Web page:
President of the Southern Baptist Theological Seminary, Albert Mohler, released a statement Thursday apologizing for his continued support of Pastor C.J. Mahaney who was accused of concealing sex abuse allegations in his church.
According to the Houston Chronicle, Mahaney and Sovereign Grace Ministries, the non-southern Baptist church he used to lead, were sued in 2013 by 11 people claiming that leaders within the church covered up sexual abuse accusations.
Only one person was convicted as a result of this lawsuit and eventually the case was dismissed since the statute of limitations had run out.
The church eventually partnered with the Southern Baptists Convention and changed its name to Sovereign Grace Churches where Mahaney is currently serving as the Senior Pastor, the church's website states. According to the Chronicle, Mahaney has long maintained his innocence.
For this reason, the Chronicle reports that many other SBC leaders, including Mohler, have stood by Mahaney despite sexual abuse cover-up allegations.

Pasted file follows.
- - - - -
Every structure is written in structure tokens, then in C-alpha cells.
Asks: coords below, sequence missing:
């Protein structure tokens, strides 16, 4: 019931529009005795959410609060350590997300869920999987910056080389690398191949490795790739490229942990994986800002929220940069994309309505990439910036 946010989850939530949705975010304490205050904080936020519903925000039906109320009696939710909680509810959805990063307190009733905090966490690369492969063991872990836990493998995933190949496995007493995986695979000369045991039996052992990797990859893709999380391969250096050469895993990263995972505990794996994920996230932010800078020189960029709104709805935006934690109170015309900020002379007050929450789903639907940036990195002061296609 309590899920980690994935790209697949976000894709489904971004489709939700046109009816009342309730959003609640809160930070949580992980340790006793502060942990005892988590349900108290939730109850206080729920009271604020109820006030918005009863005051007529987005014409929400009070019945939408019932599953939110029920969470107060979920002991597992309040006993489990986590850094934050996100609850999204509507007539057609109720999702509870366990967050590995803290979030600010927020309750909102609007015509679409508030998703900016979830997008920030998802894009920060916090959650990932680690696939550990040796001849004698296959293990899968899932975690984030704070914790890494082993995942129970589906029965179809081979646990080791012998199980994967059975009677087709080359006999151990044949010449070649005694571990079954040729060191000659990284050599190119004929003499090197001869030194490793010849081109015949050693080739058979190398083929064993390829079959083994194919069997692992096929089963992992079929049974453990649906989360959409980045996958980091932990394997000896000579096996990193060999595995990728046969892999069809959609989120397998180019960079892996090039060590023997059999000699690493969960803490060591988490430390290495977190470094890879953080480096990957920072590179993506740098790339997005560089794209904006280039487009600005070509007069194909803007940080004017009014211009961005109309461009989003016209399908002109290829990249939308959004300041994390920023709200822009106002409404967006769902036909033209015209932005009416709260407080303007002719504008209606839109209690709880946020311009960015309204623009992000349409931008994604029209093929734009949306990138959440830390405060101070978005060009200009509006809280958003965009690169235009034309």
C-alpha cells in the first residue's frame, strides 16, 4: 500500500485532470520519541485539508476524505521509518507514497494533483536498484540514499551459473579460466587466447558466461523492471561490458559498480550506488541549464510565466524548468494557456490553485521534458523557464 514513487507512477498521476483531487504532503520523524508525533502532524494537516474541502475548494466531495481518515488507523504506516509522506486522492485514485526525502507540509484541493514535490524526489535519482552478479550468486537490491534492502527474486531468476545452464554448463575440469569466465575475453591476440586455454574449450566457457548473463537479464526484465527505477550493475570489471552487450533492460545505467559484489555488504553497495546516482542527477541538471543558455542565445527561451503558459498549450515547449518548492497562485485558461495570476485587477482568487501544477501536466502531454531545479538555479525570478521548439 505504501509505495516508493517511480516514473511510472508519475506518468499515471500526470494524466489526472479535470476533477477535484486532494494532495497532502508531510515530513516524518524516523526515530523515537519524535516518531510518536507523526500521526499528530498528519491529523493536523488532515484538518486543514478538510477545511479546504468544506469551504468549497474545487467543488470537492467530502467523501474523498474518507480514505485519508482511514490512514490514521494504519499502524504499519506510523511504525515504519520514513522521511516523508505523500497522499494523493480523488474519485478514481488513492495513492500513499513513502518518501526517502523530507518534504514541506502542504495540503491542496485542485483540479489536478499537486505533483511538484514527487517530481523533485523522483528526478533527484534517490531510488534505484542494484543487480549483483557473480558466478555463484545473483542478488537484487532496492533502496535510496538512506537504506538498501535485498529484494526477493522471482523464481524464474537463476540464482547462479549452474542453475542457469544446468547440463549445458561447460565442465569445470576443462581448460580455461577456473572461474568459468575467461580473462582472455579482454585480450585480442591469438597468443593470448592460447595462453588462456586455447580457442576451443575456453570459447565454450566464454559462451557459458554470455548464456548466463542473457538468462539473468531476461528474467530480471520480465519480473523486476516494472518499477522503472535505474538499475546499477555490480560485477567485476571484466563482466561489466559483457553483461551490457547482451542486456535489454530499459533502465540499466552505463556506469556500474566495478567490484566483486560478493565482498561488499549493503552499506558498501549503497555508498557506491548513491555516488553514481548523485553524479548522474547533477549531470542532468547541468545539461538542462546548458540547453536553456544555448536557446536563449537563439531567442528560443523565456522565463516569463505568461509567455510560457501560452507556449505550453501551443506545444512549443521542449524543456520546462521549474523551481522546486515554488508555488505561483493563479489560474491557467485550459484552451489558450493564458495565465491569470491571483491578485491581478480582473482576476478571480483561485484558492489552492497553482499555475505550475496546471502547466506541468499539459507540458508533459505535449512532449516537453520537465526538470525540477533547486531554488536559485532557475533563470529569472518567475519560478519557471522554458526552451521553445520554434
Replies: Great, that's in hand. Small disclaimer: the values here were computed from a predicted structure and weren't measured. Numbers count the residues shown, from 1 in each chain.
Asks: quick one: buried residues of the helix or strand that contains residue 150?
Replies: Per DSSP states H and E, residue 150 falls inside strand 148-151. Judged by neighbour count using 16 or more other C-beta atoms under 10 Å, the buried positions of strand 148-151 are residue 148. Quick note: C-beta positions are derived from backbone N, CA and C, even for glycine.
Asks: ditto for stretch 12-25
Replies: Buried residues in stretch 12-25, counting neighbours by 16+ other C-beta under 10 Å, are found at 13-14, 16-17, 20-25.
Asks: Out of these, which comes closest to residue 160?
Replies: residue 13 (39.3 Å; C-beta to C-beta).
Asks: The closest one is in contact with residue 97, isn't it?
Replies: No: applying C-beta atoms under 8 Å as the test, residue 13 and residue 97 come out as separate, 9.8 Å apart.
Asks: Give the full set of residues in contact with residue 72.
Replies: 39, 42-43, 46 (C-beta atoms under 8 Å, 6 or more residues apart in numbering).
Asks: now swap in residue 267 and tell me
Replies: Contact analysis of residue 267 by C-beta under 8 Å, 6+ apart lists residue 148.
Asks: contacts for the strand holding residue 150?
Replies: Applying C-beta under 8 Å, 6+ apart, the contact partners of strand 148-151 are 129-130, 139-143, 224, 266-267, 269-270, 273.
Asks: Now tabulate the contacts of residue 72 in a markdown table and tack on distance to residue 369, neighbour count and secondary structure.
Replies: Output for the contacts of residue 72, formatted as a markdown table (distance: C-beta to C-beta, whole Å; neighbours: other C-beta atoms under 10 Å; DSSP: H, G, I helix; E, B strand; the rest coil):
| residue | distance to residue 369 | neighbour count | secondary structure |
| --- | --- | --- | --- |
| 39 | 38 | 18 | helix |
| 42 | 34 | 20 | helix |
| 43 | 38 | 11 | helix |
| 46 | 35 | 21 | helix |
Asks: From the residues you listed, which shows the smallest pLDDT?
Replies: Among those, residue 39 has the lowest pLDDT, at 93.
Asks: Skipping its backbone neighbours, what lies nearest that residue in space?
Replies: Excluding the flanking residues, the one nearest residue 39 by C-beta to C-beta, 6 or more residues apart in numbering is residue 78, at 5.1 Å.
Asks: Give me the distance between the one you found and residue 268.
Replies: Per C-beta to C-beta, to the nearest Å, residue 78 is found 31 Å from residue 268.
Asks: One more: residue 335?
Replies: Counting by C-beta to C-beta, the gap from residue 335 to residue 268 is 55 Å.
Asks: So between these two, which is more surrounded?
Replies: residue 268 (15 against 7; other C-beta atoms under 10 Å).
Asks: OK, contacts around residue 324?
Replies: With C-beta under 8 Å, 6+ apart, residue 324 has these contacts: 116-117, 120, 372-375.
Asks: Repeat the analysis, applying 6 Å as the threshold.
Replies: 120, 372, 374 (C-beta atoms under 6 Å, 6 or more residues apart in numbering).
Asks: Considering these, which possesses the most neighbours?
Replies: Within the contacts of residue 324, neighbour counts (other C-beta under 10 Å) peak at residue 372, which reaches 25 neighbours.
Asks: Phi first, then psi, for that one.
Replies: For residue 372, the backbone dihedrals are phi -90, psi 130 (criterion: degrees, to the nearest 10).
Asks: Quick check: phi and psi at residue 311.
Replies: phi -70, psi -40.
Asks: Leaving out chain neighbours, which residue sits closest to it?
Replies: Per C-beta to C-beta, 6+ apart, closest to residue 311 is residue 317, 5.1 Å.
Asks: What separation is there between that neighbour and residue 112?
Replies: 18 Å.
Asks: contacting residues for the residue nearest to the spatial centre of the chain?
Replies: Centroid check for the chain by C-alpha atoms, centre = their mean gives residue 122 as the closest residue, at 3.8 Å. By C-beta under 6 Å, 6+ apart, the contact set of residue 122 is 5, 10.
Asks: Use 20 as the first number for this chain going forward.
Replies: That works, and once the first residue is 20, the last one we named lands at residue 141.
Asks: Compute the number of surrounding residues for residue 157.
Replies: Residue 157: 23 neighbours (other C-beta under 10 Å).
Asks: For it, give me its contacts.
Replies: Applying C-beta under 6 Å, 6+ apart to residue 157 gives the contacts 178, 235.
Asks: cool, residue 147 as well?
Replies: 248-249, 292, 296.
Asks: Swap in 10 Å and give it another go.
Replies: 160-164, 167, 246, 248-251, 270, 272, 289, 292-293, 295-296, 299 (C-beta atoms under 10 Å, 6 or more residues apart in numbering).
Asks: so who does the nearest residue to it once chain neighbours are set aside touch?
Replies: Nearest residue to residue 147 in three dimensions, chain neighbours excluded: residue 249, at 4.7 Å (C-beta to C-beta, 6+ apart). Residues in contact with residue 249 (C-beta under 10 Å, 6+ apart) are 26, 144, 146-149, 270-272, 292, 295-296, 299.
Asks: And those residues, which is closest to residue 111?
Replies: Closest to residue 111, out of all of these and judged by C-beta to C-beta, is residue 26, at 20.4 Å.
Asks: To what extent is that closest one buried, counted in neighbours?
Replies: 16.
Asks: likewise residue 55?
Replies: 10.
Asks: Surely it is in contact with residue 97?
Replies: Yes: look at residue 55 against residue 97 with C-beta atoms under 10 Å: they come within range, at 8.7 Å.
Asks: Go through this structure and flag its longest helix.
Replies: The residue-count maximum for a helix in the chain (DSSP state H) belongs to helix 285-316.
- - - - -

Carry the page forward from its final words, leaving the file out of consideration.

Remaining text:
Now, in the wake of the Houston Chronicle investigative report that showed that more than 700 people had been sexually abused by SBC leaders since 1998, many of the people who once stood by Mahaney, are expressing regret.
Mohler told the Chronicle on Thursday, “I believe in retrospect I erred in being part of a statement supportive of (Mahaney) and rather dismissive of the charges.”
He continued, "And I regret that action, which I think was taken without due regard to the claims made by the victims and survivors at the time, and frankly without an adequate knowledge on my part, for which I'm responsible."
Mohler also apologized for an insensitive joke he made at a 2016 conference when he was introducing Mahaney as a speaker. Reportedly, the conference was protested by former Sovereign Grace Ministries members.
“What I did was wrong and caused hurt to the victims and survivors who felt that their experience had been trivialized and dismissed,” Mohler said. “And I grieve that, I apologize for that, it was wrong. I would never make such a comment again.”
Mohler said retrospectively he believes he should not have stood with Mahaney before knowing all of the facts.
"Yes. Yes. Yes. Yes," he said. "I should have been very clear about insisting on an independent, credible third-party investigation.”
He added, “I should have said nothing until I had heard from those who were victims and who were making the allegations. I should have sought at that time the advice and counsel of agencies and authorities who were even then on the front lines of dealing with these kinds of allegations.”